Working with fur is fun - and a challenge. The more deluxe fur you have,
the nicer your finished product will be. Deluxe furs are nice because they
are thick, with a high per-square-inch "hair" count. That very quality
means there are some added steps necessary in the construction process.
These ideas should help you as you work with the fur.
- If you are working with fake fur, you can pin your pattern pieces directly
to the knit backing. If you are re-using a real fur garment to make your
new creation, you will want to use a flexible fabric glue to afix muslin
(or an old sheet) directly to the back of the fur. This will reinforce any
weak spots in the leather, and stabilize the many tiny seams that make up
the fur piece.
- Once you have pinned the pattern to the back of your fur (or
drawn the pattern pieces on the muslin backing of the genuine fur) use
small trim scissors with 2" -3" blades when you cut your pieces out. Be
very careful to cut only the knit backing (or the leather of the genuine
fur)! You do not want to cut the fur itself!
- Because the fur is so thick, sewing through all the bulk of the fur fibers
can be difficult. Construction will be easier - and the finished product
nicer - if you take the time to trim the fur from the seam allowances.
This will give you bare knit (or leather) inside the seam. Of course, you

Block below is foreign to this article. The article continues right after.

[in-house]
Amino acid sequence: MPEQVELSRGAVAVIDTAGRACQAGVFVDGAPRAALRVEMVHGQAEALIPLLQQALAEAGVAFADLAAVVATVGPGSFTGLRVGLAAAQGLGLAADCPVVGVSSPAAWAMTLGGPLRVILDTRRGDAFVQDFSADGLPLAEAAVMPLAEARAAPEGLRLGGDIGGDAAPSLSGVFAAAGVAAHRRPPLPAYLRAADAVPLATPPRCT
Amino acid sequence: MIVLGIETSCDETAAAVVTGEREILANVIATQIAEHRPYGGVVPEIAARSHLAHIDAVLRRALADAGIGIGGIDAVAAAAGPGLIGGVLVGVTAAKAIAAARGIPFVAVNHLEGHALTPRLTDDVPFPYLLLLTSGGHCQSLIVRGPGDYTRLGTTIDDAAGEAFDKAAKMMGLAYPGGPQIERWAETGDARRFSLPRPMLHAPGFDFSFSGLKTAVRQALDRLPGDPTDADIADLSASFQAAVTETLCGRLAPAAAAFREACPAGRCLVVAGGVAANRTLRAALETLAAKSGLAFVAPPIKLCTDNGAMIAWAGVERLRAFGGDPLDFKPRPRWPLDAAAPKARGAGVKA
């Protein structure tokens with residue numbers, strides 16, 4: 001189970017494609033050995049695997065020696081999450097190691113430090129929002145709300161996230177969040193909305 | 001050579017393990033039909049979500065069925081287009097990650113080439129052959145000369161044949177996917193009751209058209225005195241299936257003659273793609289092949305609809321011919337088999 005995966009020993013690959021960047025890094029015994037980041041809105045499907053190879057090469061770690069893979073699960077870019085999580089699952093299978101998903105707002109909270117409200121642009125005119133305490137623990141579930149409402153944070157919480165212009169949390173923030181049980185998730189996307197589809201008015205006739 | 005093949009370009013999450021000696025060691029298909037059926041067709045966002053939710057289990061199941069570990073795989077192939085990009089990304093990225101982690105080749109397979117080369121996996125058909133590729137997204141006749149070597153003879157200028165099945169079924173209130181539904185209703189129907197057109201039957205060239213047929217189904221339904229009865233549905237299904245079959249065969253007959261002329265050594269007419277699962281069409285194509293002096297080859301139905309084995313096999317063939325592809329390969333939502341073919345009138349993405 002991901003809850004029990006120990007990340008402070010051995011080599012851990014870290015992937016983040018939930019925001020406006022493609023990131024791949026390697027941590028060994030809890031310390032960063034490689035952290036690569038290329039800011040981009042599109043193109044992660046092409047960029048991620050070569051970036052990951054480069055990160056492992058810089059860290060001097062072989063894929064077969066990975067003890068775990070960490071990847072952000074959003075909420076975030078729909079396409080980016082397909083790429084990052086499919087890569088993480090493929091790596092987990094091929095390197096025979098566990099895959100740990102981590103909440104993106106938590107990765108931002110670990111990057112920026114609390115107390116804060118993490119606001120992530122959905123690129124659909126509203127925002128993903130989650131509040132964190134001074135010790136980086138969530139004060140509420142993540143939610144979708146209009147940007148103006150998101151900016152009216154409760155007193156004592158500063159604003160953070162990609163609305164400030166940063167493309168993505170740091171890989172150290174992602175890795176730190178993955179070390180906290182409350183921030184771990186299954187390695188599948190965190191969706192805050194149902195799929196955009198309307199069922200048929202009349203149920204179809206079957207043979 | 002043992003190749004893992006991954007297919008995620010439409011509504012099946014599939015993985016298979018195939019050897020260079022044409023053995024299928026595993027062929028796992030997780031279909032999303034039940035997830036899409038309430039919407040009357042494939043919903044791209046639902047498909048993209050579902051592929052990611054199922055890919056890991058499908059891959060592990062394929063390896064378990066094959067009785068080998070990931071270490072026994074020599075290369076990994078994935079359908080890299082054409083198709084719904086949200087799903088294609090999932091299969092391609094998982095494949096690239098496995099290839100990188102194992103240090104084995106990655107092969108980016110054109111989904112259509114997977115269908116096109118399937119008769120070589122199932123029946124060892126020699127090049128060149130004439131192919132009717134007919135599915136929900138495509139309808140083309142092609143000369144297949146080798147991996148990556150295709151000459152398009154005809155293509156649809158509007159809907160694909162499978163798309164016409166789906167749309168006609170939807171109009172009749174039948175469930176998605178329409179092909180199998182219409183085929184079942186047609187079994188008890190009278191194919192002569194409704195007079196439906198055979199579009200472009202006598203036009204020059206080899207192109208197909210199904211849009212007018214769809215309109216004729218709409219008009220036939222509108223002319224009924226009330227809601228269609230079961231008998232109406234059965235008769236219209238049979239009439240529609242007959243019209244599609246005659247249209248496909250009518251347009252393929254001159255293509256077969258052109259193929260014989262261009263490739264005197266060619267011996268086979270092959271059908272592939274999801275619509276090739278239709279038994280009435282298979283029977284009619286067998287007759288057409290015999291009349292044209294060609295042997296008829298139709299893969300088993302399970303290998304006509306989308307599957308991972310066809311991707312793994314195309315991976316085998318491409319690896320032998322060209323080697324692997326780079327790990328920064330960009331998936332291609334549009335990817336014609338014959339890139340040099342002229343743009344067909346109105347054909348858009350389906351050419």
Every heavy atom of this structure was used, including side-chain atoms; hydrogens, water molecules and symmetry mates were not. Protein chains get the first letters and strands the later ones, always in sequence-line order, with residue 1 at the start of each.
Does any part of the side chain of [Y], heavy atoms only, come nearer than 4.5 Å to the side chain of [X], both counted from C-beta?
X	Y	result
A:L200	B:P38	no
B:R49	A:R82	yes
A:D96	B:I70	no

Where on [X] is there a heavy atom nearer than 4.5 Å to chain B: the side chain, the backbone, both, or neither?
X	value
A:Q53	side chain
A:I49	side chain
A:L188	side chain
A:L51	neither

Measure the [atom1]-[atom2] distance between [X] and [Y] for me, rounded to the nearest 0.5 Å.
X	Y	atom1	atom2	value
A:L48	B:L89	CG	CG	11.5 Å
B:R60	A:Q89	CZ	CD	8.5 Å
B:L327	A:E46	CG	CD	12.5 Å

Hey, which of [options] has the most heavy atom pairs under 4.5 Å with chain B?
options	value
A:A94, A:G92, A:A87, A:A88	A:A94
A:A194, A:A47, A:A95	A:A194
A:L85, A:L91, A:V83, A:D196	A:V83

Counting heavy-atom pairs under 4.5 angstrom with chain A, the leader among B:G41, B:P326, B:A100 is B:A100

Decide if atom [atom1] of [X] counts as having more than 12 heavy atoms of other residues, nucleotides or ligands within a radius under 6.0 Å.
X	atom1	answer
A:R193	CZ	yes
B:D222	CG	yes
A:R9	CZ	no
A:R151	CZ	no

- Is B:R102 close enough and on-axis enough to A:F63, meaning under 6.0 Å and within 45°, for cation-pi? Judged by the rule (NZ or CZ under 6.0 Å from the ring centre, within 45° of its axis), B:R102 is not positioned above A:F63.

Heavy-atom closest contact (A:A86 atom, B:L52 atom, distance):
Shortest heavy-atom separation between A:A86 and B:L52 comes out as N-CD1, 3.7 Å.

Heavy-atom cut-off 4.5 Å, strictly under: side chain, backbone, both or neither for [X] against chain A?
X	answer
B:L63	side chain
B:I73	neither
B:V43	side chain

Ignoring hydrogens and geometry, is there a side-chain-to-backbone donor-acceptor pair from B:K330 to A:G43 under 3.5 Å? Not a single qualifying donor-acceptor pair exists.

don't want to trim beyond the seam allowance, or there will be a bare spot
along the seam on the finished side of your new creation. Trimming like
this also prevents a "valley" of shorter fur from running down each seam.
The fur of the joined pieces will blend better, and your project will be
that much nicer.
- As you pin the fake fur pieces along the seams to be sewn, be very careful
to brush the fur away from the seam line (at right angles to the seam
line. A clean old toothbrush is a useful tool for this step.). This helps
keep the fur from becoming caught in the seams. Real fur doesn't pin well
at all, and the silkiness of the genuine fur makes it an extra challenge
to sew. Try using bobby pins to hold pieces together, being very careful
about the direction of the fur (right angles from the seam line!) and
removing the bobby pins just before they get to the pressure foot.
- After sewing the seams, examine the inside of the seams. You will probably
have a little bit of fur from the seam allowance caught in the seam; this
will make a "valley" of shorter fur on the right side along the seam,
although not as much as if you hadn't trimmed the seam allowances. Use a
seam picker tool to pull any of these fur fibers to the wrong side of the
sewing, the inside of the seam, where they won't be seen.